Colombianness

I don’t consider myself Colombian.

People that know me and have seen me rise in defense of Colombia and Colombians might think I’m being hypocritical, but the truth is I am of Colombia but not Colombian. Never once, in all the times I have met a Colombian, or any other Hispanic, have I ever been correctly guessed to be Colombian (or of Colombia). The flip side of this is that most of the more “Anglified” of United Staters don’t see me as being one of them; my accent is just a little too hard to place, and I seem a bit of a strange bird, but that’s a whole other can of worms.  I can see very little virtues to the nationalistic streak that runs so strong in people and am glad that I don’t feel it.

While living in Spain I would meet people that knew a whole lot more about Colombia than I, especially the liberal perspective that one seldom hears in the United States regarding any Latin American country. I have been wanting to learn much more about Colombian history and its modern politics but found it impossible to accept what I was hearing from family members; after all, while not everyone in my family is landed gentry, at least 30% of them with the rest enjoy the pleasurable and status-raising benefits that the blood connections allow. In my view, Colombians put too much stock into blood connections and a large part of the class warfare struggle they have been enduring for so long is a result of this. My father would probably me angered for me to say it, but it seems like he and my mother’s parents were the poorest in our very large extended family tree. Adding to this my family’s choice to emigrate to the United States to be part of the working poor here and it seems like we should definitely consider ourselves part of the lower end of the class struggle. Because of our bloodlines, my family sides with the rich and controlling elite.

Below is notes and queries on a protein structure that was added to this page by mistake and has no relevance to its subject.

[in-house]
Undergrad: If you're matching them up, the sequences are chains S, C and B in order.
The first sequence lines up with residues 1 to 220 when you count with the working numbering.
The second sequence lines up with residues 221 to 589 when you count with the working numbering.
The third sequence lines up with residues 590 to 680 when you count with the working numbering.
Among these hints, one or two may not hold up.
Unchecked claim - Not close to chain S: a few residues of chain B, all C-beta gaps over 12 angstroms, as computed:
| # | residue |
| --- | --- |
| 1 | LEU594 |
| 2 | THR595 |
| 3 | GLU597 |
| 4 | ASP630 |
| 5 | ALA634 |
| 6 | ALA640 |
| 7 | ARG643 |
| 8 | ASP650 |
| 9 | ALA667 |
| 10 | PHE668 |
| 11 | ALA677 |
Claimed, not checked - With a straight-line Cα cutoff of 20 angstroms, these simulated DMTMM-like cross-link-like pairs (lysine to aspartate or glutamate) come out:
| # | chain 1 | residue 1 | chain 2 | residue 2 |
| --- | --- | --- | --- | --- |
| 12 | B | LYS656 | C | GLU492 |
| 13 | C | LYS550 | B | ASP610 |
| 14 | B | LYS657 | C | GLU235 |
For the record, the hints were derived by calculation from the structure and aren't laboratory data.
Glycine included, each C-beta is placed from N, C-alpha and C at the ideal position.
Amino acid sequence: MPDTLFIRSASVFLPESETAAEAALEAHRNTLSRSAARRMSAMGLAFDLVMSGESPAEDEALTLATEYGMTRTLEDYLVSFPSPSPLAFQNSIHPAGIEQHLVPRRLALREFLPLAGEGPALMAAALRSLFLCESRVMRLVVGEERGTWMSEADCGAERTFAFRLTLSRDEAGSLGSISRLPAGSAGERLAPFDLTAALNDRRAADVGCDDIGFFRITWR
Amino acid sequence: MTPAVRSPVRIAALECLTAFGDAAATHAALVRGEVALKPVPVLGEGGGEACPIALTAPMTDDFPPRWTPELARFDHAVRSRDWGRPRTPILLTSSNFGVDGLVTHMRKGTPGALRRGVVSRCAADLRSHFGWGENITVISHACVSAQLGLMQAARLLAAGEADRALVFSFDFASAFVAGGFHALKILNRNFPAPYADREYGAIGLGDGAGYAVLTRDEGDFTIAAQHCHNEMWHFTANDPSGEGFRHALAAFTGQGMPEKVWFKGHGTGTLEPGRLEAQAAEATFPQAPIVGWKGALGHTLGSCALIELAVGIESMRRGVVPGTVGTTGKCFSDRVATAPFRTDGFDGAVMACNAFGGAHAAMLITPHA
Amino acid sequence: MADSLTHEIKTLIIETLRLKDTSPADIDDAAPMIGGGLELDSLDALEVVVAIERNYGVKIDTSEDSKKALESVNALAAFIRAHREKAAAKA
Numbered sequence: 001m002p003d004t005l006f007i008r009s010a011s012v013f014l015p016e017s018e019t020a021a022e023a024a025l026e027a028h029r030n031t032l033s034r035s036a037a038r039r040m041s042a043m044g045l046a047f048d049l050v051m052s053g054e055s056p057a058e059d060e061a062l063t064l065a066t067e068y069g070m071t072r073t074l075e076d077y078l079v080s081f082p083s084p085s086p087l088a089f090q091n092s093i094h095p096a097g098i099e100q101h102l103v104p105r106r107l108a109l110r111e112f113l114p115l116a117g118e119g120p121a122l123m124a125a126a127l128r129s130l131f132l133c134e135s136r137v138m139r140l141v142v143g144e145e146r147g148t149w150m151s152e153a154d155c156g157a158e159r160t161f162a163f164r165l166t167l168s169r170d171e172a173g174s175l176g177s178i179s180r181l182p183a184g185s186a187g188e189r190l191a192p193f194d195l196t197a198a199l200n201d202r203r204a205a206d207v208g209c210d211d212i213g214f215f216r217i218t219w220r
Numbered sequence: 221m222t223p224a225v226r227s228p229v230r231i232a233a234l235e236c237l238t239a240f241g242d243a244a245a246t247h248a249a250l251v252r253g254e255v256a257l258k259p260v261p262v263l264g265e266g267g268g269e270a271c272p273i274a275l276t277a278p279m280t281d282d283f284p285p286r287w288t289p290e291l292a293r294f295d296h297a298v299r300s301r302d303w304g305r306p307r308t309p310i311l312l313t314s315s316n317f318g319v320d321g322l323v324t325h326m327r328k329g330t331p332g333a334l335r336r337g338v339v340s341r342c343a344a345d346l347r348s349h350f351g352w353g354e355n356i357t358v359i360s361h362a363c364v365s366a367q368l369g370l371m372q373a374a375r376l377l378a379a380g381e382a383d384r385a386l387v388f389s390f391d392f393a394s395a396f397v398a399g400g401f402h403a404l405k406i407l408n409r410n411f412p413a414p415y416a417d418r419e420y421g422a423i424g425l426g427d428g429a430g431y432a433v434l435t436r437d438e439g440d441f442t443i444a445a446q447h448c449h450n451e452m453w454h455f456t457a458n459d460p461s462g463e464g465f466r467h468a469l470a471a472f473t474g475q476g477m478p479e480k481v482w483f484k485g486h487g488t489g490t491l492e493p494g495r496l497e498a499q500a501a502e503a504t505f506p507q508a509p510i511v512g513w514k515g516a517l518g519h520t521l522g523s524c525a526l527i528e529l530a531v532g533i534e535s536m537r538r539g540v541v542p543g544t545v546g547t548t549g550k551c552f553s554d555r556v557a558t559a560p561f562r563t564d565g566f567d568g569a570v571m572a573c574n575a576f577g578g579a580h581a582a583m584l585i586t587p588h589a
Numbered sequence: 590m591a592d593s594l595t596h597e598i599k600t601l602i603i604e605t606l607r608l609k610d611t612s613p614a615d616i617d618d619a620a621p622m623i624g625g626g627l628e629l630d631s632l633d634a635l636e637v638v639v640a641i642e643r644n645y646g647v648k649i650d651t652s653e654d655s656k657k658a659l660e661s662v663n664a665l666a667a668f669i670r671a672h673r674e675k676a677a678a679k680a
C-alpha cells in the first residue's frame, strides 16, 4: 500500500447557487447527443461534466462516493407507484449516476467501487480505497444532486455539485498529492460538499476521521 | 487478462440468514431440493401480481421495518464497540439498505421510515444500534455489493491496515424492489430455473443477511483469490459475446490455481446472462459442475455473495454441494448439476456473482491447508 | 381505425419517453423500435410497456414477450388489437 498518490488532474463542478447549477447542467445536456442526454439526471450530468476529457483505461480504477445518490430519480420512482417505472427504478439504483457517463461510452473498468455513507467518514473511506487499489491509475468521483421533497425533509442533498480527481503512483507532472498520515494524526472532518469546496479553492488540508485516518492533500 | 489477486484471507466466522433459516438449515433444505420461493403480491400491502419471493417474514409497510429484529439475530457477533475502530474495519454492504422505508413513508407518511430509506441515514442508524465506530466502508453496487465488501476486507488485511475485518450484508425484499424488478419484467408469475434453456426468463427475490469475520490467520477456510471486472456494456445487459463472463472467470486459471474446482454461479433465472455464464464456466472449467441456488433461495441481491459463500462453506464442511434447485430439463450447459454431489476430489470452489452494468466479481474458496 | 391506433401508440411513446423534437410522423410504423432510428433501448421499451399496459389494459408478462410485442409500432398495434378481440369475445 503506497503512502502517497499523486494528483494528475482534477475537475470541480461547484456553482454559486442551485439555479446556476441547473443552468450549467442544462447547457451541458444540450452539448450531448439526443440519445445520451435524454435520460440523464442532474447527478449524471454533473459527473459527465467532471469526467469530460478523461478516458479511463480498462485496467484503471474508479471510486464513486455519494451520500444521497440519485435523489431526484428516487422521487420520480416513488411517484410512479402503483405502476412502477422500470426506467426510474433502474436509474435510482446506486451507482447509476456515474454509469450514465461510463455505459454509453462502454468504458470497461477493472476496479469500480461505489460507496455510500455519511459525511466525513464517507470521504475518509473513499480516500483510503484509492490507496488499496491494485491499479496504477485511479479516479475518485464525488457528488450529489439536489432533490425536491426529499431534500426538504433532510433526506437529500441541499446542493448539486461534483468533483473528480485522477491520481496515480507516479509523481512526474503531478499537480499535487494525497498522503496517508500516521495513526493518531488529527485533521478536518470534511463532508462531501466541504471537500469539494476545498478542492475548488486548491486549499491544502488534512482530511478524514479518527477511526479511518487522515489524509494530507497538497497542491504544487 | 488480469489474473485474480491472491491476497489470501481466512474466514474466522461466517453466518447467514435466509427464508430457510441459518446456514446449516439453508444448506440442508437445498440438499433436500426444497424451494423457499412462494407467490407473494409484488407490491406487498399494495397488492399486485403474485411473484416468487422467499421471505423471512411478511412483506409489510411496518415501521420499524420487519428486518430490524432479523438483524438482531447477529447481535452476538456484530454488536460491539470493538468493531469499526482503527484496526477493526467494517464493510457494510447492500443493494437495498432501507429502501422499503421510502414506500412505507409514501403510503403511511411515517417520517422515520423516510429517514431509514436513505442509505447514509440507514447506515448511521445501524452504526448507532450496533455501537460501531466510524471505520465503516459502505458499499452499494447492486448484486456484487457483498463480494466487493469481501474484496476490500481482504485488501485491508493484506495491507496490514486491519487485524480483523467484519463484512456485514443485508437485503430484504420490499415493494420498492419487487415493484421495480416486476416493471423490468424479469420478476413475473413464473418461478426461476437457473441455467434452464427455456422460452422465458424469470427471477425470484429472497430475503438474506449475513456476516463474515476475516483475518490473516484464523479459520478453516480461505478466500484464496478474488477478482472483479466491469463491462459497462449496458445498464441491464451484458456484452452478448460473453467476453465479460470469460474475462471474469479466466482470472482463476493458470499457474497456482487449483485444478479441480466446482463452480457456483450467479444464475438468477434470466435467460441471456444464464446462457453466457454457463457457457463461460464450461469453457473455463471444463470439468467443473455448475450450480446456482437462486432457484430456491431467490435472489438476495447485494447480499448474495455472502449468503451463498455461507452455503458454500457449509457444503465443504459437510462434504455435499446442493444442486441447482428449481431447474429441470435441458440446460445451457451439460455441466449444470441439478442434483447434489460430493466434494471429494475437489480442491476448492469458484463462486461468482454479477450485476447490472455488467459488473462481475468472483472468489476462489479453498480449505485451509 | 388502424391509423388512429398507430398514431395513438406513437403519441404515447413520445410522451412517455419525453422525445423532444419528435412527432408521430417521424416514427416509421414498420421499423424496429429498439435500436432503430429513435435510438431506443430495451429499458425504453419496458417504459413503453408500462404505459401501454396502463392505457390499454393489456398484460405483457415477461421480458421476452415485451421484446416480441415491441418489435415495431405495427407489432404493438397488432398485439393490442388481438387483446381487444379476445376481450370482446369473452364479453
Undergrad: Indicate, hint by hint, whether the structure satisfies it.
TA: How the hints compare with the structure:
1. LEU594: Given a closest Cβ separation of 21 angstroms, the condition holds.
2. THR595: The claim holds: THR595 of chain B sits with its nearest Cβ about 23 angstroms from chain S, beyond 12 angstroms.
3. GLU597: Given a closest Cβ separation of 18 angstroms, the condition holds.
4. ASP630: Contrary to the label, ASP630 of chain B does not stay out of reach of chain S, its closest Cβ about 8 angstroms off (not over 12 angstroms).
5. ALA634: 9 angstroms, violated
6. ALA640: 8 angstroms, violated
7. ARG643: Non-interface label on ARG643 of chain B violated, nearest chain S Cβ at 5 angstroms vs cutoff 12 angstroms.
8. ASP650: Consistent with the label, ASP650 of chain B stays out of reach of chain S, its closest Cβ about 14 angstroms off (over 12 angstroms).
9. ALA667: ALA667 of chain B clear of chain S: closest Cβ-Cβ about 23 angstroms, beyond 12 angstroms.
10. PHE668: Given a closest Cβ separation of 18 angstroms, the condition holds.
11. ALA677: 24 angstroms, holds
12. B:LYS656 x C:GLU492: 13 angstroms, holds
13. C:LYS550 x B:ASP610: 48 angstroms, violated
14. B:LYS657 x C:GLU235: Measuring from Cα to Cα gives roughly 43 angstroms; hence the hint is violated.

They are of them but are not them.

What has caused me to go on this tangent is an essay in an email from my father complaining of the injustices against the working poor in Colombia, using as an example someone I don’t know who is evidently a pretty close friend of his. This essay is quite of of character from what I’ve come to expect from him, and I could not be happier. Of course, he sent it to everyone in his contact list, so I wonder what some of our cousins might think of it.

For example: In the 90’s, several of my distant cousins that live on working farms were victim to extortion from military groups. This caused the whole of my family to cry in uncharacteristically bloody rhetoric about obliterating the FARC.  While the details are still sketchy to me, the region of the country where my family have farms are more prone to extortion from the conservative paramilitary groups that promise protection from the FARC.

A second cousin of mine that I knew well from trips to Miami was kidnapped and later killed during an escape attempt about 15 years ago.  His father had organized a small army to try to save his son and I believe was witness to his being shot. The only detail I know is that my cousin tried to make a run for it with a blindfold on. I never asked as to whether this was a FARC or ELN or even a non-political group that kidnapped my cousin, but it doesn’t much matter.

Most countries have a certain political push and pull of what we call Left and Right wing. The mystery to me is why this leads to such blood-shed in Colombia.

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